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The Eyes of the Heart

The Eyes of the Heart

Further Thoughts on the Fruit of the Spirit...

The Danish philosopher Soren Kierkegaard (1813-1855) told the story of two young portrait artists who both sought to capture the essence of beauty in their paintings. One artist looked high and low for the "perfect face of beauty" but never found it. Tragically, he later gave up painting and lived in despair. The other artist, however, simply painted every face he saw and found beauty in each one. Now here's your question: Which of the two was the sincere artist?

The heart looks through the eye.... The good eye (i.e., ayin tovah: עַיִן טוֹבָה) - sometimes called the "beautiful eye" (עין יפה) - refuses to think evil about others (it "does not impute the bad" - οὐ λογίζεται τὸ κακόν - in 1 Cor. 13:5), but it rejoices in the truth – even if such truth is found only in the hope of a future good (1 Cor. 13:7). The good eye is the instrument of a giving heart that looks upon the needs and pains of others with genuine compassion. The "evil eye" (i.e., ayin hara: עַיִן רָעָה), on the other hand, is cynical, jaded, envious, and unsympathetic to other people and their struggles... Using a good eye takes from the treasure within the heart and gives it out freely to others: "The good person out of his good treasure brings forth good, and the evil person out of his evil treasure brings forth evil" (Matt. 12:35). There never is a risk that love may be given away without warrant from heaven. In the future judgment to come, I'd rather be found guilty of "casting pearls before swine" than to be found guilty of withholding love from others...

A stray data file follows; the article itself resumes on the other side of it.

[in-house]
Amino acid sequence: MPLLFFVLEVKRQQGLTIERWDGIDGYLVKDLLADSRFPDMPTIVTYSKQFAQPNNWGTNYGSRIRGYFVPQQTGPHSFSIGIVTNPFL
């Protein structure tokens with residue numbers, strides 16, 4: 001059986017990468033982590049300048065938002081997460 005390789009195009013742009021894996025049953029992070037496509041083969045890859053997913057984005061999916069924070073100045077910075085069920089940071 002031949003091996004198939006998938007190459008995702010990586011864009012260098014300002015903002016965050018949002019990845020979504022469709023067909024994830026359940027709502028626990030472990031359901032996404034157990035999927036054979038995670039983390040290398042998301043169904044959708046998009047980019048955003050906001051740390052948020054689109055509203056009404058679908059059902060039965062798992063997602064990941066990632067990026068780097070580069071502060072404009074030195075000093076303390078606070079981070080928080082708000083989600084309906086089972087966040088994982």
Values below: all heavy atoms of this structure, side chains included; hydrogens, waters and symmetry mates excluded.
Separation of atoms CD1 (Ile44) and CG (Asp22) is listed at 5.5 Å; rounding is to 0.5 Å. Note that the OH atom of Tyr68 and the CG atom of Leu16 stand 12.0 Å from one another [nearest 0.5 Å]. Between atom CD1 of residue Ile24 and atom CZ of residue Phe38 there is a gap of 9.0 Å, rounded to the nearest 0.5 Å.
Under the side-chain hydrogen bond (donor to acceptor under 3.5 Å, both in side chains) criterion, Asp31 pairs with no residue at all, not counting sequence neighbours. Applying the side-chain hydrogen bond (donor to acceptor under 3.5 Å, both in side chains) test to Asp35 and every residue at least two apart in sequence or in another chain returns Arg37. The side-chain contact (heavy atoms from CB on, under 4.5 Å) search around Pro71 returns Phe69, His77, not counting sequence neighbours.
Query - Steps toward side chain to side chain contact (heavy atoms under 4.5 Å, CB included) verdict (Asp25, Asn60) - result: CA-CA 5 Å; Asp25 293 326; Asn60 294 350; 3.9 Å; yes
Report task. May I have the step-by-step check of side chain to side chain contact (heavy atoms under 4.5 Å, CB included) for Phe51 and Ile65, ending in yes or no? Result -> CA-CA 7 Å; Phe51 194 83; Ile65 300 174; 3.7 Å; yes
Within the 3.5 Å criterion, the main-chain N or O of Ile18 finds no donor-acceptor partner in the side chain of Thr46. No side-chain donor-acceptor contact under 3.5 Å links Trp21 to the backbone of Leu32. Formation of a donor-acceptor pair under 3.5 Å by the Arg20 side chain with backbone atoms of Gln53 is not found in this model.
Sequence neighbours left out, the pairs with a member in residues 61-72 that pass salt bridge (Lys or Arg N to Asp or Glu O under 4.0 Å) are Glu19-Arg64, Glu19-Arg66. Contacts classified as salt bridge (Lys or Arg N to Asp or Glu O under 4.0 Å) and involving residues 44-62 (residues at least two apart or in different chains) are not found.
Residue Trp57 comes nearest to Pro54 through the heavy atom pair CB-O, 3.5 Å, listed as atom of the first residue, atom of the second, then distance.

A person with a "good eye" looks at things from the perspective of love. Ayin hatovah looks at circumstances -- and especially at other people -- and finds something beautiful.... "Whoever sows sparingly will also reap sparingly, and whoever sows bountifully will also reap bountifully" (2 Cor. 9:6). As we give, so we are given...
 

טוֹב־עַיִן הוּא יְברָךְ
 כִּי־נָתַן מִלַּחְמוֹ לַדָּל

tov · a·yin · hu · ye·vo·rakh
ki · na·tan · mil·lach·mo · la-dal
 

"Whoever has a good eye will be blessed,
 for he shares his bread with the poor."
(Prov. 22:9)
 

Chagall - Peace Window (detail)

 

This verse is fitting for the holiday of Purim, since it is a mitzvah (blessing) to perform additional acts of kindness before the holiday of Purim begins. These acts of kindness include mishloach manot (מִשְׁלוֹחַ מָנוֹת), the "sending of portions" to others (often anonymously), and mattanot la'evyonim (מַתָּנוֹת לָאֶבְיוֹנִים), the giving of gifts (tzedakah) to the poor.  Like all other commandments, we see a great spiritual opportunity here: As it is written, "Tzedakah saves from death" (צְדָקָה תַּצִּיל מִמָּוֶת).

Yeshua told us, "The eye is the lamp of the body. So, if your eye is good (i.e., ἁπλοῦς, sincere, heartfelt, compassionate), then your whole body will be full of light, but if your eye is evil (i.e., πονηρὸς, wicked, malicious, ungracious), your whole body will be full of darkness. If then the light in you is darkness, how great is the darkness" (Matt. 6:22-23). May it please God to make each of us shocher tov (שׁחֵר טוֹב), "a seeker of good." May He give us new hearts to behold the good in all things...

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Hebrew for Christians
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